On a street corner in the heart of Koreatown, across from a garish Korean eatery offering all-you-can-eat BBQ, is one of the finest Italian restaurants in the city, one which – interestingly enough – has the lowest prices anywhere for some of the finest Venetian-Italian food in Los Angeles. You might ask, what was noted food critic Jay Weston and two attractive women doing at THE 2nd FLOOR (865 S. Vermont Ave, Koreatown (213) 388-3880, with valet and street parking) at 7 p.m. on a Monday night? Well, the answer is simple...we were there because Jay’s old friend, Stefano Ongaro, had recently taken over the kitchen of what had been a popular Korean sports bar and Stefano Ongaro, Exec Chef and G.M. of The 2nd Floor, a Great Italian Spot in Koreatown converted it into a simply superb Italian dining room specializing in the food of Venice, Italy, once his home. Imagine this: one of Italy’s baseball players, a pitcher in Verona, comes to America at the age of 30 in the hopes of playing in organized baseball. Of course it didn’t happen, so he had to make a quick decision about his future. Having grown up surrounded by great food and wine in Venice, with his grandfather a professional chef, it was obvious what to do. At which point a gentleman whom we all know and love, Piero Selvaggio, offered Stefano a waiter’s job at his worldwide famous restaurant, Valentino, and it was the start of my friend’s 14-year stint there, working his way up to Maitre d’. Which is where we first met and became friends. (He was working there when the 1994 earthquake devastated one of the world’s finest wine collections, he (Stefano) recalls to seen a river of red wine, mercilessly, dribbling down Pico Boulevard...unfortunately, only some were replaced by good friends and compatriots. I have followed Stefano’s career after he left Valentino, when he met Chef Sal Marino and became G.M. of Marino’s Il Grano. After four years, he opened his own place, multi awarded, All’ Angelo, in 2007, which I favorably reviewed.
What a wrong timing!
First the writer’s strike of 2008, then the global economic collapse in 2009, forced him, among a tons of others restaurants to close the doors. He went back to baseball. You are not going to believe this: he founded a company licensed by Major League Baseball to produce the 24-karet gold leather baseballs which were used at the Home Run Derby as the Money Ball. (Don’t ask.)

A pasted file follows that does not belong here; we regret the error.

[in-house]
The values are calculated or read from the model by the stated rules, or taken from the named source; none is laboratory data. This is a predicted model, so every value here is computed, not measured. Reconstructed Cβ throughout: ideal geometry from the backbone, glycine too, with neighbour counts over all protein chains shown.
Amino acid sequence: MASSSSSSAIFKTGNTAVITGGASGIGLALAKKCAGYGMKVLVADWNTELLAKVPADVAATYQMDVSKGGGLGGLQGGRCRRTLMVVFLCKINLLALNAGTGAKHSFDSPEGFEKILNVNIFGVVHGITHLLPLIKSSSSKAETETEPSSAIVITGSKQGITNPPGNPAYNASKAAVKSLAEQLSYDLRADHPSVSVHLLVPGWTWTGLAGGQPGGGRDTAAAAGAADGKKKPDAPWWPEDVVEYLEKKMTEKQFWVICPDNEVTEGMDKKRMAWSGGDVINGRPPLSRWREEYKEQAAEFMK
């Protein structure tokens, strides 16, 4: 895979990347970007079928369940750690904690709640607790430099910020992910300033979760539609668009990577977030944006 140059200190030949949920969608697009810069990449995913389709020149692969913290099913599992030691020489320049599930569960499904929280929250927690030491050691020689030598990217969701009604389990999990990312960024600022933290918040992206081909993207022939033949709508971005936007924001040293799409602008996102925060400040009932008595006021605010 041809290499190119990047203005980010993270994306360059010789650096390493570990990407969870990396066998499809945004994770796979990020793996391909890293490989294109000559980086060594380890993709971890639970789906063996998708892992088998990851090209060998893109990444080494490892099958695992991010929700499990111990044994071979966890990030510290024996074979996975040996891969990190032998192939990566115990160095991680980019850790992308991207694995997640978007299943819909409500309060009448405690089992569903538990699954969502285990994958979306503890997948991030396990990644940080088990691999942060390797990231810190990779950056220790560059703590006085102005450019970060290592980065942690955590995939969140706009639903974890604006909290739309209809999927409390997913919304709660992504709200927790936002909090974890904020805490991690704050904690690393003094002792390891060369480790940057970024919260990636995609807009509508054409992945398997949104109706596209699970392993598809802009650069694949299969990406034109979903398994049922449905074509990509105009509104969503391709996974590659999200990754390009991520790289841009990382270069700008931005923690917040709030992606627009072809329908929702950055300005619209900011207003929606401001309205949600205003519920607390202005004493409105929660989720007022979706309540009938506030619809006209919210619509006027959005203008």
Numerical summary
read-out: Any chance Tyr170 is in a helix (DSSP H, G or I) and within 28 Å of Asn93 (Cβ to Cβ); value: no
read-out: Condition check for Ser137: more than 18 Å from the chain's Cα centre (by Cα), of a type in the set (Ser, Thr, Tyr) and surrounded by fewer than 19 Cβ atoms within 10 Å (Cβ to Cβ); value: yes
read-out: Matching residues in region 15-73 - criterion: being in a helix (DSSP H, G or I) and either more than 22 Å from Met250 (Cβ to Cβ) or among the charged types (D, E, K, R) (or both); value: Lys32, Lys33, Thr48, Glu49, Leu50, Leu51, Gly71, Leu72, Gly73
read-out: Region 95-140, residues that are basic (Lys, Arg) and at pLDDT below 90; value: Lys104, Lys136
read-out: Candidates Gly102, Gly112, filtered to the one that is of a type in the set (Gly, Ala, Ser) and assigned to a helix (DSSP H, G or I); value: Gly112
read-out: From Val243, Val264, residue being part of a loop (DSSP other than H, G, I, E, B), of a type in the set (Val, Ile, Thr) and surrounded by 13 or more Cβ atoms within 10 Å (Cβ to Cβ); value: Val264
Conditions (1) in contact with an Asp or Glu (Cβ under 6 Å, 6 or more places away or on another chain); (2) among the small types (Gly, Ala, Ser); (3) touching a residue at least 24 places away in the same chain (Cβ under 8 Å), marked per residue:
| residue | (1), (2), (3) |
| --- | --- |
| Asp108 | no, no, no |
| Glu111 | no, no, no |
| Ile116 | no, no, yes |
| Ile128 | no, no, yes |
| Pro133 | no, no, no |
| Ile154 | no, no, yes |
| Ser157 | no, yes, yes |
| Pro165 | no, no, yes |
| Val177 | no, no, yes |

When Korean bar owner Mike Kim prevailed upon him to transform his sports bar to a fine Italian restaurant, he could not resist the challenge, especially when it was agreed that Stefano would be in complete charge of the operations / concept and cooking the delicious Venetian food of his youth, the tapas-style Cichetti. Which is why we arrived this week at The 2nd Floor Restaurant Bar & Grill on that street corner on Vermont Avenue in Koreatown to dine at the only Italian restaurant in this ethnic conclave. My two female friends were experienced restaurant observers, my regular critic companion, Penny McTaggart, and Jill Messick, the former Apple exec who worked with Steve Jobs. We went upstairs to enjoy one of the finest Italian feasts of my life, a veritable Venetian wonderland of food and wine...one which you can also well enjoy if only you wander down Olympic to Vermont. (It’s not that far, only in midtown Wilshire, and the tasty repast after your arrival makes the trip so, so worthwhile.)
As we sat down, Stefano arrived with a platter of Amuse Bouche: Crostini Sardines, pan-fried fresh sardines atop sweet-sour onions and golden raisins on toast; Crostini Baccala, whipped salted Mediterranean cod, too salty for me but made up for me by the next taste, my favorite, Crostini Tartare, raw scallops and sea urchin (uni) on toast. Knowing my love for uni, Penny gave me hers, a good friend. But the first real dish was so succulently good that the two girls eagerly finished it in seconds, allowing me some crumbs. It was Cavolini di Bruxell ($9), a fancy name for Brussels sprouts leaves, fried with crispy bread crumbs and toasted almonds, with a drop of real aged balsamic vinegar. I had spotted and requested another appetizer on the menu, Braised Tripe Parmesan-style ($11), with grilled polenta. The women turned up their noses at this plebian dish but it was so delicious I scarfed up every morse of the tripe in a light tomato sauce...never had a better version of that very Northern Italian delicacy.
The salad course was Insalata di Granchio e Pere ($13), butter lettuce wrapped Maryland crab, with Bosc pear and Belgian endive. A favorite of Penny. Instead, I went for the other dish he had brought out, Carpaccio di Manzo ($12) done in Venetian style, pounded raw prime Black Angus beef filet with radicchio and rum-marinated Fuji apple, sprinkled with shaved parmesan. I think I thoughtlessly ate most of the beef.